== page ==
| || |The Berean Expositor Volume 40 - Page 201 of 254 Index | Zoom | |
"The House of Jacob shall Possess their Possessions"
The significance of
the word "possess".
pp. 222 - 226
It seems strange to some believers that there are still those who, while affirming that
they believe the Scriptures, nevertheless deny the possibility of a literal restoration of
Israel. Some take this attitude because they have already accepted as a principle of
interpretation, that the promises made to Israel in the O.T. must be spiritualized and apply
now only to the Church. Others reject the idea on moral grounds, "How could God", say
they, "invest such a disobedient and rebellious people with such a title as Kings and
Priests?" in apparent ignorance that this very objection is met in such a passage as
Rom. 11: 28 where it is plainly stated that the very people who are at present `enemies'
concerning the Gospel `for our sakes', are nevertheless "beloved for the father's sakes"
adding as the one grand reason `For the gifts and calling of God are without repentance'.
It is good to know that the house of Jacob shall possess their possessions. The text of our
meditation is found in the prophet Obadiah, and it is utterly beyond the range of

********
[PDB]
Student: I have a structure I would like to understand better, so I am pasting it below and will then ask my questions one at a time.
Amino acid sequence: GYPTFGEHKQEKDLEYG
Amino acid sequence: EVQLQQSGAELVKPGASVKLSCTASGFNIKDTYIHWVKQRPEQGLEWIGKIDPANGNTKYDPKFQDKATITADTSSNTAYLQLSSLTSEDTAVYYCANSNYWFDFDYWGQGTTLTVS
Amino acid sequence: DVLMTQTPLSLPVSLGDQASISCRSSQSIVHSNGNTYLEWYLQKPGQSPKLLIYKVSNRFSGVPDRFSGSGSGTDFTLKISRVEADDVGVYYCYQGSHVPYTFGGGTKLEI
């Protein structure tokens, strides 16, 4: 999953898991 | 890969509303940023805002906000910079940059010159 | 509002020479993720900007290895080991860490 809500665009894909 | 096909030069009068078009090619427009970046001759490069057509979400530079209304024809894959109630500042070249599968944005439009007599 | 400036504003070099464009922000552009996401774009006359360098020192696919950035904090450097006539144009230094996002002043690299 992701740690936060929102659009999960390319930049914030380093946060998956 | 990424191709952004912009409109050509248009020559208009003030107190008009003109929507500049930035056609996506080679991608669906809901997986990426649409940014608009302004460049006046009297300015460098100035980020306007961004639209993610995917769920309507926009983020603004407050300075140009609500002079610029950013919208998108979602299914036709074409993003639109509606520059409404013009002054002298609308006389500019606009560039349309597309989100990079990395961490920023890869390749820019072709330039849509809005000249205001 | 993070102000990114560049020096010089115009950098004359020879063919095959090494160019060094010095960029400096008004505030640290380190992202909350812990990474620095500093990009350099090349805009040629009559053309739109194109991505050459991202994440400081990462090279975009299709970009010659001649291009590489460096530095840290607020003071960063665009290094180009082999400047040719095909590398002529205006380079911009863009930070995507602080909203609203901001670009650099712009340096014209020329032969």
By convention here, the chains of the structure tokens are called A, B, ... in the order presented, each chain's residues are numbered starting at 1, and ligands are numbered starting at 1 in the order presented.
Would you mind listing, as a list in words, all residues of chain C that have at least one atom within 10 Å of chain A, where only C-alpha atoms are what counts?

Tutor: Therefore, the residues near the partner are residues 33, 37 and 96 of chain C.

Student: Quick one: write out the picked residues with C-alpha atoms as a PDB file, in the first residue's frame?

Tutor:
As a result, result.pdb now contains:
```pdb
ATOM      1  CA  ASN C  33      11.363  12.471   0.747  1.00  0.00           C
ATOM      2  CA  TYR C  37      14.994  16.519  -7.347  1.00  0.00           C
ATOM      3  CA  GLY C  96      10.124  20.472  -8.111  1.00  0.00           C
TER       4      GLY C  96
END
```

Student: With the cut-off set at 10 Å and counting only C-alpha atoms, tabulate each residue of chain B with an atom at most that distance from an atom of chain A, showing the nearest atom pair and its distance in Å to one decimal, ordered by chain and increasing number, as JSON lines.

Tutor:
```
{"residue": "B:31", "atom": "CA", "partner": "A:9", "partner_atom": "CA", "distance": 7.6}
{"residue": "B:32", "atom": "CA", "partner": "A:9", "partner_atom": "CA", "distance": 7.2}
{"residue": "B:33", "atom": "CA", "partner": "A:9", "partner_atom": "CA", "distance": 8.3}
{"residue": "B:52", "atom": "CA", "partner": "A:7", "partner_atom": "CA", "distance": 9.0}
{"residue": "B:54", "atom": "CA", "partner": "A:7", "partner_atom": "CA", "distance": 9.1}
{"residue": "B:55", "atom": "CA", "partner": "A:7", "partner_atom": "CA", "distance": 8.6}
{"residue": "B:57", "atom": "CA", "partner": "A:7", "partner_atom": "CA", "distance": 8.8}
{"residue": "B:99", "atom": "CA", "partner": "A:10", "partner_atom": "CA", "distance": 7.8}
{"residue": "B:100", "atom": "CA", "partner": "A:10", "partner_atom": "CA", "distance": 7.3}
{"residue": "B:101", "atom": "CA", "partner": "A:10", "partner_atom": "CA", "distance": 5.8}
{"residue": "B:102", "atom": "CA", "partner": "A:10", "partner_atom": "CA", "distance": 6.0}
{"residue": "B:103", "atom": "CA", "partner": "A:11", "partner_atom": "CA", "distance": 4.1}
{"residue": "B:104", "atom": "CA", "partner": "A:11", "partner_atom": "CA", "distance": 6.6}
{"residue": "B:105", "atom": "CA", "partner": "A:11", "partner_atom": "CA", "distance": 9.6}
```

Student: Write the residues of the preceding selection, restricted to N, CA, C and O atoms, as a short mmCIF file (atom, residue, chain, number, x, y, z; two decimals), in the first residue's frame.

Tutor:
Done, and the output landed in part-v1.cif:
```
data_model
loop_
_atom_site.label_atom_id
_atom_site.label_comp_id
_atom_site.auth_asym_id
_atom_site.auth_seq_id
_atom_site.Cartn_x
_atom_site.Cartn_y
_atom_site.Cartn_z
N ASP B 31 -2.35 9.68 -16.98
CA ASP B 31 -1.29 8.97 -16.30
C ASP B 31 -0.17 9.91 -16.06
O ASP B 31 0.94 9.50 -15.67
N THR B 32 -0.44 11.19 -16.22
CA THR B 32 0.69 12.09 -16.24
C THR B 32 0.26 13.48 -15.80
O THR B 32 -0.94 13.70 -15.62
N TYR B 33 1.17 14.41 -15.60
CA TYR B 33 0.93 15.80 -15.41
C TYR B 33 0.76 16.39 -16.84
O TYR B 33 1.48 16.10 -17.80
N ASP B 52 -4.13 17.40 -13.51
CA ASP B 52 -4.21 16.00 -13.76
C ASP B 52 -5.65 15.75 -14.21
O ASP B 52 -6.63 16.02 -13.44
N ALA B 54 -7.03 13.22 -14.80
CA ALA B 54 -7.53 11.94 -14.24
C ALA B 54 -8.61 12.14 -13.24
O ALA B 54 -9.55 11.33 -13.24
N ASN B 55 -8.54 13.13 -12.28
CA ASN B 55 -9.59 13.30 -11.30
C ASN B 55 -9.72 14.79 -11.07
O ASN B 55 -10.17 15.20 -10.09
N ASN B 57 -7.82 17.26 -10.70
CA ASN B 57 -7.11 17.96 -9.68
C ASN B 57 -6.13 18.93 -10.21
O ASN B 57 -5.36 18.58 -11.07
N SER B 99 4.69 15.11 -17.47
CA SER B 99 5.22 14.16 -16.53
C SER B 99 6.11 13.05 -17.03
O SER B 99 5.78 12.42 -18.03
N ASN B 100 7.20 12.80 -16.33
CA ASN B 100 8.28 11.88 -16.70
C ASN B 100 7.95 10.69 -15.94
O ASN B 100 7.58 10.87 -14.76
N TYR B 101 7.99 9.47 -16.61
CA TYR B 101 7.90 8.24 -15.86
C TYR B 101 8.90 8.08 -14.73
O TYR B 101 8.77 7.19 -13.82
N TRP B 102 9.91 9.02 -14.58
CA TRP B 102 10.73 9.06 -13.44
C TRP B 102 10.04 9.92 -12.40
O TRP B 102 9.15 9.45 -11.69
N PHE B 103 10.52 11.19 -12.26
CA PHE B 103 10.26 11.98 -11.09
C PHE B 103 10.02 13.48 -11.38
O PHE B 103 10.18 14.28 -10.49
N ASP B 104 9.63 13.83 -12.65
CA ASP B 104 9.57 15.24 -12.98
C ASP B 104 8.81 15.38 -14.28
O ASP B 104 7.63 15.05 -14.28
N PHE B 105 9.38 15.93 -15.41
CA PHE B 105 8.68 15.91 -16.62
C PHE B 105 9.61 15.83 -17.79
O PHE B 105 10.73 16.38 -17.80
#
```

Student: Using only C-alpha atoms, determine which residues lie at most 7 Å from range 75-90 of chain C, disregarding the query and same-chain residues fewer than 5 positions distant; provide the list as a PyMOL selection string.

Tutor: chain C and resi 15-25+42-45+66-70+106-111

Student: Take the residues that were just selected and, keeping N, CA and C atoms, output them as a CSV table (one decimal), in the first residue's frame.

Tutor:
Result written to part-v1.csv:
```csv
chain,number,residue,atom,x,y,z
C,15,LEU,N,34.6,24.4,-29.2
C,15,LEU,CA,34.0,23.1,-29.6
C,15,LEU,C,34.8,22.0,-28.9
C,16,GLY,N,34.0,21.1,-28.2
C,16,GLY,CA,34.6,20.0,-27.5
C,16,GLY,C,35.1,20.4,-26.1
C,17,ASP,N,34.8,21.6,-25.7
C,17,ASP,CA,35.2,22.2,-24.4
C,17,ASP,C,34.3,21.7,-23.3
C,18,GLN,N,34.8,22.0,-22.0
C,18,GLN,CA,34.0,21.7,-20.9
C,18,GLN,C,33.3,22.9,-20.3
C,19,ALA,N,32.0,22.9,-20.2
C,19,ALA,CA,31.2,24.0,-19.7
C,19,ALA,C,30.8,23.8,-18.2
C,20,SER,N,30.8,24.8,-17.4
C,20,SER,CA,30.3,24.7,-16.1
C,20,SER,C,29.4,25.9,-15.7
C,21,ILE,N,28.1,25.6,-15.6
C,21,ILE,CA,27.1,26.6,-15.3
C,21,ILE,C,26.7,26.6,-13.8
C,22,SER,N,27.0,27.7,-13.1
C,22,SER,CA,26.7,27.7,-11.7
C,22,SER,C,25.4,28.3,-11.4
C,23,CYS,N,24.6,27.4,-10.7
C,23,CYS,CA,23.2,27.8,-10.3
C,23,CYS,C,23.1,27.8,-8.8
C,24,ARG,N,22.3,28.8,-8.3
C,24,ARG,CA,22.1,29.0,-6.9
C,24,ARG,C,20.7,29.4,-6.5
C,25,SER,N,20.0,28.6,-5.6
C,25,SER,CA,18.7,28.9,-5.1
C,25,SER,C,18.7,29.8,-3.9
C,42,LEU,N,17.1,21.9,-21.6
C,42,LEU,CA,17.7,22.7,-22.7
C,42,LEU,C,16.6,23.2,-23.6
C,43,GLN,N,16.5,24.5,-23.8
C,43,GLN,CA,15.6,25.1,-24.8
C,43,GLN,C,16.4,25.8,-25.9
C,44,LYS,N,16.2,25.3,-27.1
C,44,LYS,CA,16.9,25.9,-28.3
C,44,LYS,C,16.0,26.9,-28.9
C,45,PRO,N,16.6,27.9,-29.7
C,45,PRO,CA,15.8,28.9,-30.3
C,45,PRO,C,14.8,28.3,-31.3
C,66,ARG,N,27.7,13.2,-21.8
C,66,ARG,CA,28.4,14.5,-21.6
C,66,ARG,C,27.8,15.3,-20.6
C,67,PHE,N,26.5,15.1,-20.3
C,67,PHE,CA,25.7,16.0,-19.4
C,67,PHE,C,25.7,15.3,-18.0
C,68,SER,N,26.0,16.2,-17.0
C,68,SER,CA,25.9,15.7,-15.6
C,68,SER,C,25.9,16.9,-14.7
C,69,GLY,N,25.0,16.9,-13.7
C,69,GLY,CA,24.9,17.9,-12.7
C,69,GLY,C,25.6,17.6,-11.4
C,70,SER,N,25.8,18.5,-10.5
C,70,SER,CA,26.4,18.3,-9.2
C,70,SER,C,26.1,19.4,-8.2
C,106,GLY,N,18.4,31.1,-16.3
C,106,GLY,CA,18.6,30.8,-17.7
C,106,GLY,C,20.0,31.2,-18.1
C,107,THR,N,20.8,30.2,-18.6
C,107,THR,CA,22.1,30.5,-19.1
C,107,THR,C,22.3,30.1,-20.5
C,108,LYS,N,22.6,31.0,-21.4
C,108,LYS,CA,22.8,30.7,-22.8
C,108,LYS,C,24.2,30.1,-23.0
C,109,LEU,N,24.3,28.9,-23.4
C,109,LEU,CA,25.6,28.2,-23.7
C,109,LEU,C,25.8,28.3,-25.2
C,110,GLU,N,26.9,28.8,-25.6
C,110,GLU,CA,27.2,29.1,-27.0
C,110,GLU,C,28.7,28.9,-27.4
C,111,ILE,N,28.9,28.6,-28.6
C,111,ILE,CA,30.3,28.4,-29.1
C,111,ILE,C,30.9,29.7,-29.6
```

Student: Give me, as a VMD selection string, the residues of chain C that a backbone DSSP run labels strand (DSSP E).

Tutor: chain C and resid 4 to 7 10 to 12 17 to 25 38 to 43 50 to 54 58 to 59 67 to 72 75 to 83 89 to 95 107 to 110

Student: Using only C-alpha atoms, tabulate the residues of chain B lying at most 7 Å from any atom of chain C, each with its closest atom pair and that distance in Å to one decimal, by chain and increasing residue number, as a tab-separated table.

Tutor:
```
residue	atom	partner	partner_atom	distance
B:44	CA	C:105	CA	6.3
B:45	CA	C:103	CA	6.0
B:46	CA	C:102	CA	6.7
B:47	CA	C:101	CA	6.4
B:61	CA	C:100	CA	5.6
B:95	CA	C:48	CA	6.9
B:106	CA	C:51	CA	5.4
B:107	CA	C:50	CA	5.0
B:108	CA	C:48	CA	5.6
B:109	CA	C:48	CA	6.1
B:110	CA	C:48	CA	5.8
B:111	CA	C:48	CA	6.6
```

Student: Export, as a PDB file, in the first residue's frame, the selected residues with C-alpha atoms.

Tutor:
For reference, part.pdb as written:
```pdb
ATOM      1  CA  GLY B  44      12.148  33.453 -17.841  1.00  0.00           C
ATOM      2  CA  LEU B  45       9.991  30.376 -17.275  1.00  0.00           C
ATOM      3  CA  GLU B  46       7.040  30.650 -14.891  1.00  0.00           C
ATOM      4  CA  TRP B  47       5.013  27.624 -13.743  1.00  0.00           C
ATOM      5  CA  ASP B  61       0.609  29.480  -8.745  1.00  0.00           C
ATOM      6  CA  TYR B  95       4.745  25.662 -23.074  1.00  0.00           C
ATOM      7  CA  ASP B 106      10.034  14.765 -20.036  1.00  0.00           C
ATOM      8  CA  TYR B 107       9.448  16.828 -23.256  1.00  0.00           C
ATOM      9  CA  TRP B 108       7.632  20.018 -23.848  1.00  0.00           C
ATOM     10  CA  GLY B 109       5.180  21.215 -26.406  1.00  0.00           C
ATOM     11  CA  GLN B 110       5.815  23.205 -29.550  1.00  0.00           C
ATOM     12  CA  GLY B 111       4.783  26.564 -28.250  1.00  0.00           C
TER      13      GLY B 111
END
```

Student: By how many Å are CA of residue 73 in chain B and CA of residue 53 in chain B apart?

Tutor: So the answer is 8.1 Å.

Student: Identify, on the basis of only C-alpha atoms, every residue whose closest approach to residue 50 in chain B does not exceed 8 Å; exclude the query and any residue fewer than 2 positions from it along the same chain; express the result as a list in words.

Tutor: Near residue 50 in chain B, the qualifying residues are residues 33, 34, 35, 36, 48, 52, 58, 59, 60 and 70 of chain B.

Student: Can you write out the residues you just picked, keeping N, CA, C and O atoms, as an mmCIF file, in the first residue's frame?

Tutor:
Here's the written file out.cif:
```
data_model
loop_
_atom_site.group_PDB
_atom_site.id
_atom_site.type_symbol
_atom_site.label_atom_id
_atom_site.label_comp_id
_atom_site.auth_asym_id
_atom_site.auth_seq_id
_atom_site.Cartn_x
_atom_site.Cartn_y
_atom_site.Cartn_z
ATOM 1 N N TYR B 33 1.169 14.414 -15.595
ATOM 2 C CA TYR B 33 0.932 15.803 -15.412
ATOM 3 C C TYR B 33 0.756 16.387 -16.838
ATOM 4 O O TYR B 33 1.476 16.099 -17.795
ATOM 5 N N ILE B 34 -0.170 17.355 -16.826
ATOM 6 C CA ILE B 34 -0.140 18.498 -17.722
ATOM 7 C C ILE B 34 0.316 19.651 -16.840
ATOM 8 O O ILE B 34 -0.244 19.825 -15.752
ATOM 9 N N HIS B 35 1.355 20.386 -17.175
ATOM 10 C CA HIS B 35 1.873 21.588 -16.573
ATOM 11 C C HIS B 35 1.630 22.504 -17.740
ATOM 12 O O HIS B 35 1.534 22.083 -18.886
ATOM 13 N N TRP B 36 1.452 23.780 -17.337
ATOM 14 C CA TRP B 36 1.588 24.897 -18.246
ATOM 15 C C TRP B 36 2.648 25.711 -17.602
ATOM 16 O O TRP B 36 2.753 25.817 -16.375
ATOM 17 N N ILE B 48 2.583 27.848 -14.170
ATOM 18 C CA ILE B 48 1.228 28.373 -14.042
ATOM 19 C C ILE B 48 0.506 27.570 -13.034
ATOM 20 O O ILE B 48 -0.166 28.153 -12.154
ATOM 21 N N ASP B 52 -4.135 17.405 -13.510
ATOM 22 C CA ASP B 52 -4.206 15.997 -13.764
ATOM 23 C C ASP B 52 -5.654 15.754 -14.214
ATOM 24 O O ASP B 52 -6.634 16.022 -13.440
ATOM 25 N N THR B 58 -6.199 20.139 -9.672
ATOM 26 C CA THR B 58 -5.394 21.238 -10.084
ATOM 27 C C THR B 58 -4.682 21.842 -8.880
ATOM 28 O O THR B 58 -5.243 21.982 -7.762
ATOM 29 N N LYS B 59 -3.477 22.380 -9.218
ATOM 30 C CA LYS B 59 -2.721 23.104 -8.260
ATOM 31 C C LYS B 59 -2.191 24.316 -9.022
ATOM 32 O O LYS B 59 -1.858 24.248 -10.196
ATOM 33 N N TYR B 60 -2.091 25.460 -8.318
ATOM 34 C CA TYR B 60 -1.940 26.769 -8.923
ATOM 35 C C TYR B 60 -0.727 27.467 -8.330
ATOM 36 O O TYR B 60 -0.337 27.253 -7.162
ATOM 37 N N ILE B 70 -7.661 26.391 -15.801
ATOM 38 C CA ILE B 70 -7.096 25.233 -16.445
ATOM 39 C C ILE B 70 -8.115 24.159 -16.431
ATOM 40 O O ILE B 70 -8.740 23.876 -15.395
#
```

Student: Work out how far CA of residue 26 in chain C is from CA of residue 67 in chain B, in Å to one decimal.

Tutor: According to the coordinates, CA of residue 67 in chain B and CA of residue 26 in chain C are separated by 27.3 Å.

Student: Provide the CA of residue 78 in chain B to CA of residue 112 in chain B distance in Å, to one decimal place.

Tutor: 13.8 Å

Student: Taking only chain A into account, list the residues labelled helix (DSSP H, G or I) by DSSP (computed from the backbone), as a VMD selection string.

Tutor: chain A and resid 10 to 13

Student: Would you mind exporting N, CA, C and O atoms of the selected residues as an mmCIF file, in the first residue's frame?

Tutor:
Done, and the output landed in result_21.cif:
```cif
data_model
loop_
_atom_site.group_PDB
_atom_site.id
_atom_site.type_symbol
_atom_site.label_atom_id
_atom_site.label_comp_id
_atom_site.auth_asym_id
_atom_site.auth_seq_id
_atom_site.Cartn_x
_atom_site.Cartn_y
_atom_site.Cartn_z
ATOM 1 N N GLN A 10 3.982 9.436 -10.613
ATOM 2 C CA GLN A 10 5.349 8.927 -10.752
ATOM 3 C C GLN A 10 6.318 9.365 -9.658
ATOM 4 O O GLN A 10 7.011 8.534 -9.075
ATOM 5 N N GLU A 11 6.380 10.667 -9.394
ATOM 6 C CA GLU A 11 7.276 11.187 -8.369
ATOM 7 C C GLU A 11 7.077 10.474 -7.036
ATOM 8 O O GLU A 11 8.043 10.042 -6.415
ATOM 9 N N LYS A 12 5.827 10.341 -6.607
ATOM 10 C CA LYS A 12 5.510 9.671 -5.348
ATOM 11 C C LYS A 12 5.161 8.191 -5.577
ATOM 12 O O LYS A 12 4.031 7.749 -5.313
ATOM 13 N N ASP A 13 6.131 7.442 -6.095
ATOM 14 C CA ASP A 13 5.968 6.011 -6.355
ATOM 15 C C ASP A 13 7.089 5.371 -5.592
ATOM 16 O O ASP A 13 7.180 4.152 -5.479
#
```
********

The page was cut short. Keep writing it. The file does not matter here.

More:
legitimate exposition to read Edom, Esau, Teman and Jacob in such a prophecy and then
to read into it references to a church unknown and unborn. However, we are not turning
to this utterance of Obadiah in order to deal with Israel and their failure, but to use these
prophetic words as a text covering a series of studies relative to ourselves.
The believer in Christ already possesses all things if he has Christ (I Cor. 3: 23), yet
how poor is our experimental acquaintance with this treasure. The church of the Mystery
is blessed with all spiritual blessings in heavenly places, yet who among us can claim to
any present approximation of such an inheritance? It is plainly revealed in the epistle to
the Corinthians and in that to the Hebrews, that the history of Israel, especially from the
Exodus to the crossing of Jordan, sets forth in type the general principles which will be
found in the church. While we must avoid reading into this history teaching that is
foreign to it, members of the One Body will gather much help and guidance as they
ponder Israel's pathway through those `forty years'.
The hindrances that prevented Israel from taking immediate possession of their
inheritance are many and by no means simple. We shall have to examine the record of
Israel's attempts to enter their inheritance, but before doing so, it will be as well for us to
examine the word translated `possess'.
The English word `possess' is derived from the Latin possidre, which in turn is
composed of pot, the word giving us `potent', and sedere `to sit', the original sense being
`to remain master'. By other avenues this word is allied to the Greek `despot' which in
its turn goes back to the Sanscrit and means `the master of the house'.
Possessions can be of two kinds according to the Hebrew Scriptures. There are those
that are such by inheritance, Hebrew nachal (Numb. 34: 13) inherited by lot, in which